Texas should expand medical marijuana
Texas technically legalized one form of medical marijuana in 2015, but the overly tight restrictions have created a Catch-22 that undermines the intent of the program: It’s so hard to access that few Texans are using it, only 572 in our large state. That doesn’t make much sense, and legislators should expand the Compassionate Use Act to make it worthy of its lofty name.
People suffering from only one ailment — intractable epilepsy — are eligible for treatment with cannabidiol, a medicinal oil made from marijuana that contains little of the THC compound that makes pot smokers high. Because of that narrow scope, only 45 doctors (mostly in big cities) have signed up to prescribe cannabidiol, and only three companies in Central Texas have been licensed to distribute it. One of them hasn’t even opened yet, and another reports it’s losing money.
The program was even put under the supervision of the Department of Safety, as if it’s a law enforcement problem, instead of the Department of State Health Services, which could oversee it as a medical specialty. The DPS licensed only three distributors — the minimum required by the law — out of more than 40 applicants.
With barriers like that, it’s not surprising that the concept exists more on paper than in reality. Even with intractable epilepsy alone, about 150,000 Texans could benefit from cannabidiol. And that doesn’t compare to the experiences in other states, where people suffering from a wide variety of ailments, ranging from glaucoma to multiple sclerosis to PTSD, have responded well to medical marijuana.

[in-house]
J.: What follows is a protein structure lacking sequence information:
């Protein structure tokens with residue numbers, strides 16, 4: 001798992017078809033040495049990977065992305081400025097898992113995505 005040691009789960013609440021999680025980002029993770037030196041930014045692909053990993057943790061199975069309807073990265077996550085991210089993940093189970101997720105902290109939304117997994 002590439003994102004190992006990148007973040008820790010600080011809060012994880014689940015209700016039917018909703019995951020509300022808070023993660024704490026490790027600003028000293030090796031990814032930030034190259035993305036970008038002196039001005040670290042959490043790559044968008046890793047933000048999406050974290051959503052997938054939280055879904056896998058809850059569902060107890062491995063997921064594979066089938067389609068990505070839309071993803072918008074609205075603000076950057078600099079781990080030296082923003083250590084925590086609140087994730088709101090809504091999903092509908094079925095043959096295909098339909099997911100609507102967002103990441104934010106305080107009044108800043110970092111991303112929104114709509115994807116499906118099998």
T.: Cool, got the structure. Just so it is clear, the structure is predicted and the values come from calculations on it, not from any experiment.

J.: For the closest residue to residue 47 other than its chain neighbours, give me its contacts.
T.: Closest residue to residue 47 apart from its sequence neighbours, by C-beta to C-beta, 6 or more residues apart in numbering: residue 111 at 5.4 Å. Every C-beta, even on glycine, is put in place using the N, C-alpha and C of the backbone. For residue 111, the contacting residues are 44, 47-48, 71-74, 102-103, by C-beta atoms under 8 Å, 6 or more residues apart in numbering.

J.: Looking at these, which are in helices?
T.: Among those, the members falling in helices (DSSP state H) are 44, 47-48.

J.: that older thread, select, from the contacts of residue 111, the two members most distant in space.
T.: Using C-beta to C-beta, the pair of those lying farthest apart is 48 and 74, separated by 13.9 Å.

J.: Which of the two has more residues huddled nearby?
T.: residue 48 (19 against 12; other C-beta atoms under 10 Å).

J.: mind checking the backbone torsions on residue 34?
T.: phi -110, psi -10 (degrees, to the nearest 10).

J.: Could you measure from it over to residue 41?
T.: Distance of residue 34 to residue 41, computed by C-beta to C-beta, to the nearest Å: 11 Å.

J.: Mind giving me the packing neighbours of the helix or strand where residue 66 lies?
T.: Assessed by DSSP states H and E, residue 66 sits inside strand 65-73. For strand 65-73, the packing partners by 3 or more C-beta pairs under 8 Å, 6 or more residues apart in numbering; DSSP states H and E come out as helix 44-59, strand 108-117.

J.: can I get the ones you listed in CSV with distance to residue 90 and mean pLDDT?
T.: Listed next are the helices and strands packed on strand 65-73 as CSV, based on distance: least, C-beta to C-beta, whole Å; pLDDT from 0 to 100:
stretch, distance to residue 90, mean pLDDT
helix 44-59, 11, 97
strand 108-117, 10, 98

It can’t cure every health problem — no medicine or treatment will — but it has clearly helped large numbers of people. Some of those patients had tried all kinds of traditional medicines and were left sick and frustrated. People like that deserve a chance to see if medical marijuana will help them — like residents of 32 other states.
As state Sen. José Menéndez, D-San Antonio, who already filed a bill to expand the program to 20 other ailments, noted aptly, “This is not a liberal or conservative issue, this is a medical issue. Why do we as a Legislature get to think we know better than the doctors?”
The Legislature dipped its toe in these waters in 2015 and the world didn’t come to an end. Gov. Greg Abbott even signaled support for decriminalizing possession of small amounts of marijuana. In the 2019 session, lawmakers need to loosen the controls on medical marijuana so more of their constituents can be helped. It’s not the most important issue facing legislators in the new session, but it’s one that should be taken care of once and for all.